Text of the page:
Futures for the Nasdaq 100, S&P 500 index and Dow Jones industrial averages were mixed Wednesday morning, with big techs continuing to slide. That came after a slew of top-rated techs — including Google parent Alphabet (GOOGL), Microsoft (MSFT) and Netflix (NFLX) — undercut their 50-day moving averages Tuesday, joining recent laggard Apple (AAPL).
XAutoplay: On | Off As for the major averages, the Nasdaq composite fell 1.6%, the S&P 500 index 0.8% and the Dow industrials 0.5% on Tuesday.
The heavy selling among leading stocks and major averages triggered a shift in market direction to “uptrend under pressure.” The market came under pressure earlier this month, when Apple and other big techs sold off on June 9-10. But most leading techs, Apple being a notable exception, found support above their 50-day lines. On Tuesday, Alphabet fell below that level for the first time since April. Microsoft closed below its 50-day for the first time in seven months. The big-cap Nasdaq 100 hadn’t finished below that support zone since early December.
Facebook (FB), which announced that it now has more than two billion monthly users, did manage to hold above its 50-day line. So did Amazon (AMZN), the final member of FANG (Facebook, Amazon, Netflix and Google parent Alphabet) and an IBD Leaderboard stock.
Futures for the Dow industrials rose 0.25% above fair value. S&P 500 futures climbed 0.3%. But Nasdaq 100 futures fell 0.3%, as big techs continue to lag. Apple, along with Facebook, Netflix and Alphabet, were fractionally lower. Amazon edged up.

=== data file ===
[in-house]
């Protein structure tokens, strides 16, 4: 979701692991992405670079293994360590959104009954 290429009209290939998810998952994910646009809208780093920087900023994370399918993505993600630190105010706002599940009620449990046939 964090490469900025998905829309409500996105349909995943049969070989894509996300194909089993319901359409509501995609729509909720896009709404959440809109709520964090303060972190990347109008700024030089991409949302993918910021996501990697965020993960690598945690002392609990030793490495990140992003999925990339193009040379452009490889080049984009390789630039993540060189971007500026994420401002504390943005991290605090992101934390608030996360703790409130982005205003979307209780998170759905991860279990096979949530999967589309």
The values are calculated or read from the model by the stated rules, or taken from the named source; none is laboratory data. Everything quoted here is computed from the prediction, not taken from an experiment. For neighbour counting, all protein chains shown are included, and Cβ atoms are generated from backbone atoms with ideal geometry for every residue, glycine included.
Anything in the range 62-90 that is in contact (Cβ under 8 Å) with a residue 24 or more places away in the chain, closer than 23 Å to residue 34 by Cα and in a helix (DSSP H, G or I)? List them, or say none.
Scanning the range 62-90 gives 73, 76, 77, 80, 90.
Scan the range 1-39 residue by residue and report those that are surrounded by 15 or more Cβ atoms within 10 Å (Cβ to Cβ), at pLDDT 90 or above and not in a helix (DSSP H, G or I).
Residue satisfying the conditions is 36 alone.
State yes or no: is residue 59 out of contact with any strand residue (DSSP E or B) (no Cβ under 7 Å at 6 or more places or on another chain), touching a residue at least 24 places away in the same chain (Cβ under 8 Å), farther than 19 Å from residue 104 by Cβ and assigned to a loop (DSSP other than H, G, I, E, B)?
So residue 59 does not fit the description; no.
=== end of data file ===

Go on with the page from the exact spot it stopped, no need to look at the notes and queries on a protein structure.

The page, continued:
IBD’S TAKE: Don’t try to predict where the market is going; listen to the market. Pay attention to the major averages and leading stocks and read The Big Picture every day for timely, time-tested analysis.
A brief sojourn below the 50-day line is not always fatal. But the sheer number of highly rated stocks — from Applied Optoelectronics (AAOI) to Coherent (COHR) to Lam Research (LRCX) — that have cut through that level is worrisome.
More than half of the IBD 50 fell 2% or more on Tuesday. True market leaders tend to fall about twice as much as the major averages in a correction.
Still, it isn’t all gloom. JPMorgan Chase (JPM) advanced 0.9% to 88.05, moving toward a buy point. Fed chief Janet Yellen said Tuesday that she doesn’t expect another huge financial crisis “in our lifetime.” That’s a good sign going into U.S. banks’ second round of stress tests due Wednesday evening. The Fed is expected to approve dividends and buybacks for many big banks.
Meanwhile, biotech stocks pulled back Tuesday, but have largely held on to their recent big gains. Celgene (CELG) fell 2.2% but is comfortably in buy range.
In the current environment, investors should be very cautious about making new purchases and be ready to take partial or full profits. Follow the action of the major averages and leading stocks.
Even if you ignore the broader market, the broader market won’t ignore you. If the market continues to weaken, your stocks will trip sell signals of their own.
Japan’s Nikkei fell 0.5% Wednesday. China’s Shanghai composite retreated 0.5% and Hong Kong’s Hang Seng lost 0.6%.
The U.K.’s FTSE was unchanged intraday while Germany’s Dax slid 0.5% and France’s CAC-40 lost 0.3%.